I have answered this question here: Google Interview : Find the maximum sum of a polygon and it was pointed out to me that that question is a duplicate of this one. Since no one has answered this question fully yet, I have decided to add this answer here as well.

As you have identified (tagged) correctly, this indeed is very similar to the matrix multiplication problem (in what order do I multiply matrixes in order to do it quickly).

This can be solved polynomially using a dynamic algorithm.

I'm going to instead solve a similar, more classic (and identical) problem, given a formula with numbers, addition and multiplications, what way of parenthesizing it gives the maximal value, for example
`6+1 * 2`

becomes `(6+1)*2`

which is more than `6+(1*2)`

.

Let us denote our input `a1 to an`

real numbers and o(1),...o(n-1) either `*`

or `+`

. Our approach will work as follows, we will observe the subproblem F(i,j) which represents the maximal formula (after parenthasizing) for a1,...aj. We will create a table of such subproblems and observe that F(1,n) is exactly the result we were looking for.

Define

```
F(i,j)
- If i>j return 0 //no sub-formula of negative length
- If i=j return ai // the maximal formula for one number is the number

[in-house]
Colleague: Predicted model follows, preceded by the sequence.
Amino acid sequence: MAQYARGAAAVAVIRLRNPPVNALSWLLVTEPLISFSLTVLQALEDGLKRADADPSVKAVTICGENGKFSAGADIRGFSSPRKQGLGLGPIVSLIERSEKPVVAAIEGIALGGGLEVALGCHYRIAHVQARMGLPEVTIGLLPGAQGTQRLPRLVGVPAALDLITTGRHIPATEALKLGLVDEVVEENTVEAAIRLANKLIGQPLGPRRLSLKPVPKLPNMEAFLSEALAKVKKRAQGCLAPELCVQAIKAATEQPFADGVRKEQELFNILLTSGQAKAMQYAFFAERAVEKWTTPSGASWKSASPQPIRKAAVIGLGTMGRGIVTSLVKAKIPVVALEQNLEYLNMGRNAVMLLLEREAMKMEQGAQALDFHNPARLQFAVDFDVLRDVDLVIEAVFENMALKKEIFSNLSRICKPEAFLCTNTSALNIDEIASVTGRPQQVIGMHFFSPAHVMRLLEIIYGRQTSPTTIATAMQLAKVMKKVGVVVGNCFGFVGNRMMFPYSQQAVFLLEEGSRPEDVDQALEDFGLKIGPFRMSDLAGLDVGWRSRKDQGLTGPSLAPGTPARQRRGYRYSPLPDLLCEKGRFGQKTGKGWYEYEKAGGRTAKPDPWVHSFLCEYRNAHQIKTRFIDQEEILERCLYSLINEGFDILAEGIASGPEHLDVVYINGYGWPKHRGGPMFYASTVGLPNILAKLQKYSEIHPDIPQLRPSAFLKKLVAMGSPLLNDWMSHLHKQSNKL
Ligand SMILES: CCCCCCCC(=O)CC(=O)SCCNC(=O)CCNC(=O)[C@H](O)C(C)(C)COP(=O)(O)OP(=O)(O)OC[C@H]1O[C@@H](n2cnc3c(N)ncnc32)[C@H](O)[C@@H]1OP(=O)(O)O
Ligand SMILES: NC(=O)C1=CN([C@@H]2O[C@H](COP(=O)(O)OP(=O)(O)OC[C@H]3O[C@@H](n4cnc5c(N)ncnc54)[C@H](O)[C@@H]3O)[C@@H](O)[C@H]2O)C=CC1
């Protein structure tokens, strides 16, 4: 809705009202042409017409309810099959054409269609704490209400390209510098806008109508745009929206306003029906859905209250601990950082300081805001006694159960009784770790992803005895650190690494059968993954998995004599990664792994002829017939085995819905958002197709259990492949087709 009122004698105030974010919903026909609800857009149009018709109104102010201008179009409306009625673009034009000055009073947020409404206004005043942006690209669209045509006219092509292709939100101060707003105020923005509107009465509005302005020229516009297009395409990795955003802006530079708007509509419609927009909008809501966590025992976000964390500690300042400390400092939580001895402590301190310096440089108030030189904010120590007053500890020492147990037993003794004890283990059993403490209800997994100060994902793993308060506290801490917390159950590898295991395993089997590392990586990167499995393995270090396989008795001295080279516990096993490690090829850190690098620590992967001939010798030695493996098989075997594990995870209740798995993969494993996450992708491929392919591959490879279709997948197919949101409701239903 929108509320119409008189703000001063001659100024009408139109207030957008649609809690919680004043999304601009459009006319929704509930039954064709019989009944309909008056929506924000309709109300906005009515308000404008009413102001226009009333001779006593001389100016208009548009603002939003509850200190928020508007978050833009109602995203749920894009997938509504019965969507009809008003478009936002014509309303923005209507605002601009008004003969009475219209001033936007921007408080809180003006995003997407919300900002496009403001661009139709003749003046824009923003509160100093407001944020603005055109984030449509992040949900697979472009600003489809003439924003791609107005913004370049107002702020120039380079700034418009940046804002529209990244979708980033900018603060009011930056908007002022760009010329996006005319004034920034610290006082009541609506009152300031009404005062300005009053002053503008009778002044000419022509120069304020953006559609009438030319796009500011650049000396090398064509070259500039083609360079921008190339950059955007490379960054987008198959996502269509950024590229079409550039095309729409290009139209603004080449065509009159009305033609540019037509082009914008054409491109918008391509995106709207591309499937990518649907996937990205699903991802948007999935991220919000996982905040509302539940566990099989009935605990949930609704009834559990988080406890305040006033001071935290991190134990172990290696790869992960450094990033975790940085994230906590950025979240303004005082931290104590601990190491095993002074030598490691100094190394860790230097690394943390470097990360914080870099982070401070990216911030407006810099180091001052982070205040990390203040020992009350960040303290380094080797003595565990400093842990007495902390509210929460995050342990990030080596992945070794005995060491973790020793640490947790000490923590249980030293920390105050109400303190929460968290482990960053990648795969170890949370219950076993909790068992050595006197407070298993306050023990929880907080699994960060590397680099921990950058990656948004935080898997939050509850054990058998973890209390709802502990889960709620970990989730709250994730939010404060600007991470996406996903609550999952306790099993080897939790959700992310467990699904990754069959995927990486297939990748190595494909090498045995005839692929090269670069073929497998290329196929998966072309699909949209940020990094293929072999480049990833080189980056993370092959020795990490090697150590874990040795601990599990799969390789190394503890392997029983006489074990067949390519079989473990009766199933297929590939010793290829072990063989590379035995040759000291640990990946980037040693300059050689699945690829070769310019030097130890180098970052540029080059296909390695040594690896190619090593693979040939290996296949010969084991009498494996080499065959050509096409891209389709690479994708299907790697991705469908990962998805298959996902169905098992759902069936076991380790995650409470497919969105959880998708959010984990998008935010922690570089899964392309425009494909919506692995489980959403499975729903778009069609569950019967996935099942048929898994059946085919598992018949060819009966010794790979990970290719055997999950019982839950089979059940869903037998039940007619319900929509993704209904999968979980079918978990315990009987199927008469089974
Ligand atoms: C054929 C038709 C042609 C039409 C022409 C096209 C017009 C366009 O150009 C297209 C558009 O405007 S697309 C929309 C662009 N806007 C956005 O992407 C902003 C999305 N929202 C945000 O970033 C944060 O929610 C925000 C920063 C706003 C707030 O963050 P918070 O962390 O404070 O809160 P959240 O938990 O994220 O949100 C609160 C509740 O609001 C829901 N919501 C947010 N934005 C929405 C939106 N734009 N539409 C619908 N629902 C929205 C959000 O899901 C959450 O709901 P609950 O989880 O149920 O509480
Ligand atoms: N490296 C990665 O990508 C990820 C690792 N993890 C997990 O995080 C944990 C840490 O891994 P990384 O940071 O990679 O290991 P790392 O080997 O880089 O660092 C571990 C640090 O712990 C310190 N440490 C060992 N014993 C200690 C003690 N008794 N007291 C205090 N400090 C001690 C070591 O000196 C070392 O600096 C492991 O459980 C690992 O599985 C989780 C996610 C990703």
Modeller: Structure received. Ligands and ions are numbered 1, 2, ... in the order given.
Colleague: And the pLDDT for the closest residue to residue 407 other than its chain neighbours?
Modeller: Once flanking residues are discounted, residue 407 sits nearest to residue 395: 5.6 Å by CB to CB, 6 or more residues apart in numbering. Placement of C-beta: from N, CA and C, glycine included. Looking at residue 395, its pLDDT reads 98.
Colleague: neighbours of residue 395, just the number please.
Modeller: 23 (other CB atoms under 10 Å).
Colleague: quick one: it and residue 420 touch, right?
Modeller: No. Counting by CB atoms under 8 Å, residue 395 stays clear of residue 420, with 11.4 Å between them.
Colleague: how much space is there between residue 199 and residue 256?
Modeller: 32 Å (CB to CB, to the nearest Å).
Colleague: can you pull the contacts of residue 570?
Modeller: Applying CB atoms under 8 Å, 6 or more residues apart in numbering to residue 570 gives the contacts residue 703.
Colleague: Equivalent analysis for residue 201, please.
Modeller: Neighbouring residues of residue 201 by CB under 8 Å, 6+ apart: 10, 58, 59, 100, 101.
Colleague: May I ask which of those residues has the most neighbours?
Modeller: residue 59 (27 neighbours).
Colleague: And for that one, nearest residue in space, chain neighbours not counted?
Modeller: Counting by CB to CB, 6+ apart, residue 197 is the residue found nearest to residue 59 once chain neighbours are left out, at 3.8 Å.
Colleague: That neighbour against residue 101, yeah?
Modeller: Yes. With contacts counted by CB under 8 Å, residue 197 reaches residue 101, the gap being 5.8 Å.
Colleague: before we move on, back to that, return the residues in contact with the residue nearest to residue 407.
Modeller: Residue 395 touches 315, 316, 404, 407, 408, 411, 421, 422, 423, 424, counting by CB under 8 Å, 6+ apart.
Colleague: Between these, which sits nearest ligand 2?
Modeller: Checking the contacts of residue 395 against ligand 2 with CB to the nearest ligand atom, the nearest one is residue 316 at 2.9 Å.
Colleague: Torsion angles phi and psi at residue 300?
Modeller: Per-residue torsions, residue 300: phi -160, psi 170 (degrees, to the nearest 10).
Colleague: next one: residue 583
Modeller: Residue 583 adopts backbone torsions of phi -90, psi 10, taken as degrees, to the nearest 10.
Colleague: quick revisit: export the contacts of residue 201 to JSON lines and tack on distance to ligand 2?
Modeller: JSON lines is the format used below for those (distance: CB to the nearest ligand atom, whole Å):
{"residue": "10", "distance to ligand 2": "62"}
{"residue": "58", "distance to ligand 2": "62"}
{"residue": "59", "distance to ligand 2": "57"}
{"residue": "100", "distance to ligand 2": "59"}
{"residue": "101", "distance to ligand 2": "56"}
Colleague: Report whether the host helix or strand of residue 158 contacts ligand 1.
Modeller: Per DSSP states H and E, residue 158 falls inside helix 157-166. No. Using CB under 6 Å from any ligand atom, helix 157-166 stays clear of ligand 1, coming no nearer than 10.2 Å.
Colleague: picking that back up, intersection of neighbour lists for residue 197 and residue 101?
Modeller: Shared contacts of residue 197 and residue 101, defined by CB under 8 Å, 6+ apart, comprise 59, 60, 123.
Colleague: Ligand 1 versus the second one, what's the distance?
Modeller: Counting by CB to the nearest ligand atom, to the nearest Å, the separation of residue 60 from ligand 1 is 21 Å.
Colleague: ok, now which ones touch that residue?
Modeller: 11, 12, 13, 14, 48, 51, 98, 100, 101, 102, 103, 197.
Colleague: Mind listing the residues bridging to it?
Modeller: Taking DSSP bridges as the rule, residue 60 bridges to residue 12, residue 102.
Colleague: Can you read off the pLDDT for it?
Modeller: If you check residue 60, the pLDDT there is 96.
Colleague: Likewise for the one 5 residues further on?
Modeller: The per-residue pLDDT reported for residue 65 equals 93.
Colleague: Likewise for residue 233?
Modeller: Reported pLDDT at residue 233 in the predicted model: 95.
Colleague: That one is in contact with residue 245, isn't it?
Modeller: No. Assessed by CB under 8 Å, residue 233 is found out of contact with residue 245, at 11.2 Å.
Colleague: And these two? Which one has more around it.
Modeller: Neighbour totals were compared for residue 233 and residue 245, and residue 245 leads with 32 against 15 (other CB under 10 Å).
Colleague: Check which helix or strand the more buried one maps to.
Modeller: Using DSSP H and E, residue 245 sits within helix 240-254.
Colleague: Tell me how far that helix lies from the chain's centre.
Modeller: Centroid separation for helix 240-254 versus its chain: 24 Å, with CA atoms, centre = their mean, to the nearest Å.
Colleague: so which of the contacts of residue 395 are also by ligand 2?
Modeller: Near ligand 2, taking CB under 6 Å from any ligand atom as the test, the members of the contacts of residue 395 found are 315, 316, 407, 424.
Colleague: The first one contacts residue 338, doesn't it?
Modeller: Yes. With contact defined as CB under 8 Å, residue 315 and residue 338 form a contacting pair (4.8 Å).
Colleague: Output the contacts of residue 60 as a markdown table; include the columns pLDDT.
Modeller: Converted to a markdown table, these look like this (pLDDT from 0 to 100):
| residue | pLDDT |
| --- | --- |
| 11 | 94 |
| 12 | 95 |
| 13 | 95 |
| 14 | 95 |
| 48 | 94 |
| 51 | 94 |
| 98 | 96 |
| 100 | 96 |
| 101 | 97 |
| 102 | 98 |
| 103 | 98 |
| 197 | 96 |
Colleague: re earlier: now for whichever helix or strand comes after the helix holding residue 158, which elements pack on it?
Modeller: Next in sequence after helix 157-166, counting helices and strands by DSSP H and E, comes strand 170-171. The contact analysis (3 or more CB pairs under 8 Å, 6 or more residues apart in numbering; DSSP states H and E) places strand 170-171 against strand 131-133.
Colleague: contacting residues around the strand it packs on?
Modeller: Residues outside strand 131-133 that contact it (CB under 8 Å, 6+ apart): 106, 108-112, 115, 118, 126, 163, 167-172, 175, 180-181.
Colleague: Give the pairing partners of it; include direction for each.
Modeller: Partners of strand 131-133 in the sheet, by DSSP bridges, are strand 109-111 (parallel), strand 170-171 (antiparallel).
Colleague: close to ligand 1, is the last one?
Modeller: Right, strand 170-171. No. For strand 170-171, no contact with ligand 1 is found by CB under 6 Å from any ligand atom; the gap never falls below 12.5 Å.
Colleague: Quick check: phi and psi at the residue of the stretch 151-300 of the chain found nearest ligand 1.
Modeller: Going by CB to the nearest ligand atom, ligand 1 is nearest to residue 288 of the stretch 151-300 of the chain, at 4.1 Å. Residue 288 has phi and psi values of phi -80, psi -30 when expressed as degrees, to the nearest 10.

- If i<j return the maximal value for all m between i (including) and j (not included) of:
F(i,m) (o(m)) F(m+1,j) //check all places for possible parenthasis insertion
```

This goes through all possible options. TProof of correctness is done by induction on the size n=j-i and is pretty trivial.

**Lets go through runtime analysis:**

If we do not save the values dynamically for smaller subproblems this runs pretty slow, however we can make this algorithm perform relatively fast in `O(n^3)`

We create a n*n table T in which the cell at index i,j contains F(i,j) filling F(i,i) and F(i,j) for j smaller than i is done in O(1) for each cell since we can calculate these values directly, then we go diagonally and fill F(i+1,i+1) (which we can do quickly since we already know all the previous values in the recursive formula), we repeat this n times for n diagonals (all the diagonals in the table really) and filling each cell takes (O(n)), since each cell has O(n) cells we fill each diagonals in O(n^2) meaning we fill all the table in O(n^3). After filling the table we obviously know F(1,n) which is the solution to your problem.

**Now back to your problem**

If you translate the polygon into `n`

different formulas (one for starting at each vertex) and run the algorithm for formula values on it, you get exactly the value you want.